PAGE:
Japanese Prime Minister Taro Aso told ruling party leaders yesterday he will dissolve parliament and hold general elections next month, following a crushing defeat for his party in Tokyo municipal polls considered a barometer of voter sentiment.
The decision came as opposition parties, emboldened by a surge in popularity, submitted a joint no-confidence motion in parliament against the prime minister and his Cabinet.
Aso told leaders of his Liberal Democratic Party (LDP) he would likely dissolve the powerful lower house of the legislature next week, with a general election to be held on Aug. 30, said Osamu Sakashita, a spokesman at the prime minister’s office.
The move was widely seen as a last-ditch attempt to keep the ruling party in power after the LDP and their coalition lost their majority on Sunday in the Tokyo Metropolitan Assembly. The assembly elections have been closely watched as a bellwether of what’s ahead for Aso’s party.
Moves within the LDP to replace Aso had been expected to grow following Sunday’s loss but LDP Secretary-General Hiroyuki Hosoda told reporters he saw no such moves now.
Meanwhile, the opposition, led by the Democratic Party of Japan, submitted the no-confidence motion to the powerful lower house of parliament, party spokesman Toshiaki Oikawa said. The motion was not expected to pass and was instead seen as a symbolic action to embarrass Aso.
Sunday’s vote does not directly affect the outcome of the upcoming national election, but the defeat deepened turmoil in the ruling party, with many lawmakers calling for fresh leadership heading into elections. Others were already jumping ship — lawmaker Kotaro Nagasaki submitted his withdrawal from the party yesterday.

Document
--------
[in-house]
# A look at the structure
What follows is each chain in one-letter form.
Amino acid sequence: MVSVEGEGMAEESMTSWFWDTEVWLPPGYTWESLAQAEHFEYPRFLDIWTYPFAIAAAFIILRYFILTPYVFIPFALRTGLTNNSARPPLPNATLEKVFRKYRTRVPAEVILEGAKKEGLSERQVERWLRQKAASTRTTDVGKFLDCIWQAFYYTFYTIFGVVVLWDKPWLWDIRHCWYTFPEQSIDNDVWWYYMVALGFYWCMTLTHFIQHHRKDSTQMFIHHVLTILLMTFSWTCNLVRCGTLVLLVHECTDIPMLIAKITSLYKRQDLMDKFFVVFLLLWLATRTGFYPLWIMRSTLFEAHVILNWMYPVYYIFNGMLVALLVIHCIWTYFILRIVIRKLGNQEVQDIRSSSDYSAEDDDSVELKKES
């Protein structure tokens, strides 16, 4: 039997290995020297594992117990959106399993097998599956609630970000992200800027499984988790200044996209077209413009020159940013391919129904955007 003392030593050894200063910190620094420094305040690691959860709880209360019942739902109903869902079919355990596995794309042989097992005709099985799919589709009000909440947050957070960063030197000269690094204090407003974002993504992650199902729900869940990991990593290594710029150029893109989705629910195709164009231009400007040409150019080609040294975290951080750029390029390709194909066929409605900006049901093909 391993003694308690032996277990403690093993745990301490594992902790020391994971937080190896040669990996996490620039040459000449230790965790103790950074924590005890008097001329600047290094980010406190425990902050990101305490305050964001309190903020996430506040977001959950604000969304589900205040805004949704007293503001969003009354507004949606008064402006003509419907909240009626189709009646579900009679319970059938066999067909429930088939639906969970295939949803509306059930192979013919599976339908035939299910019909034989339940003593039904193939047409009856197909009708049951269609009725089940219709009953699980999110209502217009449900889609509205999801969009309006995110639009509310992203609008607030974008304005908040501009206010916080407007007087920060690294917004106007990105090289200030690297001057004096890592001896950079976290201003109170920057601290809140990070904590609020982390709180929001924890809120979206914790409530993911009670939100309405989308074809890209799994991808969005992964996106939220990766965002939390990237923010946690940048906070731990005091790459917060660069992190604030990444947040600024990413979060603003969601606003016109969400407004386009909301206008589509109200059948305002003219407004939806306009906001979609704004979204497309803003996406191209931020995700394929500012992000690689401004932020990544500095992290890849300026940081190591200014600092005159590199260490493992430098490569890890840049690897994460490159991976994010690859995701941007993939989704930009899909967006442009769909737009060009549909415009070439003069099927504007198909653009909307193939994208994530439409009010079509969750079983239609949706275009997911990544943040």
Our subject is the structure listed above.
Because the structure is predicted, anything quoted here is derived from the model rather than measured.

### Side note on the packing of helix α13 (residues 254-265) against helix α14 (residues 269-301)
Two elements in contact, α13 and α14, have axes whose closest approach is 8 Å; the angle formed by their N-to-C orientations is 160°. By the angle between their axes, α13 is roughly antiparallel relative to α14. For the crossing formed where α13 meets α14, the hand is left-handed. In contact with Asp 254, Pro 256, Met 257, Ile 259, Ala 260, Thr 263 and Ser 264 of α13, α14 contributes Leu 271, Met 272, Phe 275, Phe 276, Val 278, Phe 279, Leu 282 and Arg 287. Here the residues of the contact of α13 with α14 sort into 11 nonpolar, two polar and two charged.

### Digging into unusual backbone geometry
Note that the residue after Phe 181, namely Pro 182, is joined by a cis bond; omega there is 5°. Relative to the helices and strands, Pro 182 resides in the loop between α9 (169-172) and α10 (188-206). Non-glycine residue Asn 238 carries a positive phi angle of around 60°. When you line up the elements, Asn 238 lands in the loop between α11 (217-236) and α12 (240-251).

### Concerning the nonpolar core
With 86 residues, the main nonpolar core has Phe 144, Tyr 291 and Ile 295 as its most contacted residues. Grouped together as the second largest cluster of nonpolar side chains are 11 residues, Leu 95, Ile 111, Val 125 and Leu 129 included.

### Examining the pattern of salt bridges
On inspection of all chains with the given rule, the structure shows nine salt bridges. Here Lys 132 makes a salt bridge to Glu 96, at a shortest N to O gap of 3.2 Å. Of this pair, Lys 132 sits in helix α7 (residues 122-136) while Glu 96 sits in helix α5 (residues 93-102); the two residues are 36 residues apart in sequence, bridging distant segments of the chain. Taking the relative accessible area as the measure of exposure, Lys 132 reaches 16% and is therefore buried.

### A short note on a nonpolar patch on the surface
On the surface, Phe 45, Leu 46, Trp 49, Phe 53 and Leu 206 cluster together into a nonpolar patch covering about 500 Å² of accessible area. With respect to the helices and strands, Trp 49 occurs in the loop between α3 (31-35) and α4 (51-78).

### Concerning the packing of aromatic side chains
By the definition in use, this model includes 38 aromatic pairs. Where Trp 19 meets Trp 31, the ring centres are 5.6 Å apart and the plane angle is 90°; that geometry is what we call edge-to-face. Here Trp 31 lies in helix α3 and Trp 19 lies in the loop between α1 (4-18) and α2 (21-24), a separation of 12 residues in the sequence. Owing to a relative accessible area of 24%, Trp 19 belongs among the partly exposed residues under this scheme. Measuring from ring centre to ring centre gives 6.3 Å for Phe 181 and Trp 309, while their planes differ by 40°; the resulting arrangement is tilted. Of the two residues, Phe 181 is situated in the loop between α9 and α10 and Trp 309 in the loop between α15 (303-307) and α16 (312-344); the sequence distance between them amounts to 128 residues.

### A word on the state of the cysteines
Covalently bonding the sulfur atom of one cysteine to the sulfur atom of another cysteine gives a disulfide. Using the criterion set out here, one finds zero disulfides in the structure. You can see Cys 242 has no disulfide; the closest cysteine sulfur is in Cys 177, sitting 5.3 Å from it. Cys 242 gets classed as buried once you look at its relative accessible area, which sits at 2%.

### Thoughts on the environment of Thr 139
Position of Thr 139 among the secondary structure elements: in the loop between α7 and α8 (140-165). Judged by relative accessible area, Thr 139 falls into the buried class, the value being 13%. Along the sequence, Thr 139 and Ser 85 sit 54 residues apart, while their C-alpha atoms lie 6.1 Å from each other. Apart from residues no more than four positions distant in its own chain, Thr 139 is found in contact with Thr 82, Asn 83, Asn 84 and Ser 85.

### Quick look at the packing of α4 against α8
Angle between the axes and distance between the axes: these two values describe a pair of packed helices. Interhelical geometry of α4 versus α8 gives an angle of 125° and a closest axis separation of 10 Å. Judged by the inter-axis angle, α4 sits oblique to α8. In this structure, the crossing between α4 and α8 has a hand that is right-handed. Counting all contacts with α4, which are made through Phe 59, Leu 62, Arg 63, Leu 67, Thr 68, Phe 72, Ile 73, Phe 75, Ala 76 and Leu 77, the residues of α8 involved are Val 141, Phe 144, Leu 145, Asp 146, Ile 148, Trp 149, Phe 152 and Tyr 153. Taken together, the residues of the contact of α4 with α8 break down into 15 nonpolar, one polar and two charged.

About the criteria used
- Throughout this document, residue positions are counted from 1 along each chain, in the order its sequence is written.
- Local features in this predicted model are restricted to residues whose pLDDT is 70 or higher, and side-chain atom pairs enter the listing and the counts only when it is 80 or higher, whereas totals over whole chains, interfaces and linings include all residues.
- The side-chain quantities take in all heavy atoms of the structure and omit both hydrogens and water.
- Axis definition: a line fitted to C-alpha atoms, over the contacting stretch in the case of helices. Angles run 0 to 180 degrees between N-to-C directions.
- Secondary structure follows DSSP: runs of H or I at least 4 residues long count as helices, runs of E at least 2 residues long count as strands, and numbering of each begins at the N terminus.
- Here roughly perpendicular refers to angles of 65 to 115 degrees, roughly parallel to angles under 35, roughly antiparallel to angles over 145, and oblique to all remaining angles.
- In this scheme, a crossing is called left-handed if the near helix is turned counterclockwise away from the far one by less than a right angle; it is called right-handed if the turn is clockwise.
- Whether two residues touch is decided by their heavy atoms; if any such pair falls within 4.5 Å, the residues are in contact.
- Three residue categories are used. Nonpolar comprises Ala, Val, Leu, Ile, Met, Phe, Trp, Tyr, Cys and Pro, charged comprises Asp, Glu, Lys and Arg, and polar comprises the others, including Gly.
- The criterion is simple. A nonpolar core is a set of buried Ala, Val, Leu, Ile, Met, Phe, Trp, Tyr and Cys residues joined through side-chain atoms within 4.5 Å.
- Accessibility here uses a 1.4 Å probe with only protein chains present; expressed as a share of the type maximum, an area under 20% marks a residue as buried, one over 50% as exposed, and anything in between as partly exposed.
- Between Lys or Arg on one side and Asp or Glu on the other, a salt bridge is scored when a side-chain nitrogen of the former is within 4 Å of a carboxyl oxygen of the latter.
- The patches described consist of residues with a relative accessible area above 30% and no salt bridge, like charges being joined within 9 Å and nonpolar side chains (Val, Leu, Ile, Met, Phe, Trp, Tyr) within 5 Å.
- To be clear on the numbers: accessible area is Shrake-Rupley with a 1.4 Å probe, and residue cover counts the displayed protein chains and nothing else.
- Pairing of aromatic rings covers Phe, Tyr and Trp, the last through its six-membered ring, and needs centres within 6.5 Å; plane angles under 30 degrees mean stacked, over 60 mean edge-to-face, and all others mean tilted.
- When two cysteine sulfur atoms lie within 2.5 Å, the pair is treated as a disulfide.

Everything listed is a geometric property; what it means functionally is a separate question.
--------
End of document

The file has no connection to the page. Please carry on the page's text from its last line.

A Democratic Party victory in the national election would end half a century of nearly unbroken rule by the business-friendly LDP and raise the chance of resolving political deadlocks as Japan tries to recover from its worst recession since World War II.
“If things go on as they are, this will be a severe defeat,” said Katsuhiko Nakamura, director of research at think tank Asian Forum Japan. “The focus is on who can change the situation, and the LDP will have trouble convincing people they can change things.”
The Democrats have pledged to pay more heed to the rights of consumers and workers than those of corporations and to pry policy-making decisions out of the hands of bureaucrats as a way to reduce wasteful spending.
An opposition win in the general election would smooth policy implementation by resolving deadlocks in parliament, where the opposition controls the upper house and can delay bills.
Some analysts say the Democrats’ large spending plans could inflate public debt and push up government bond yields, although the LDP has also passed massive stimulus spending.
“Even if the Democrats were to take power, they may be forced to pursue populist policies until next year’s upper house election, meaning that fiscal discipline could be pushed back, which would be negative for the bond market,” said Naomi Hasegawa, a senior fixed income strategist with Mitsubishi UFJ Securities.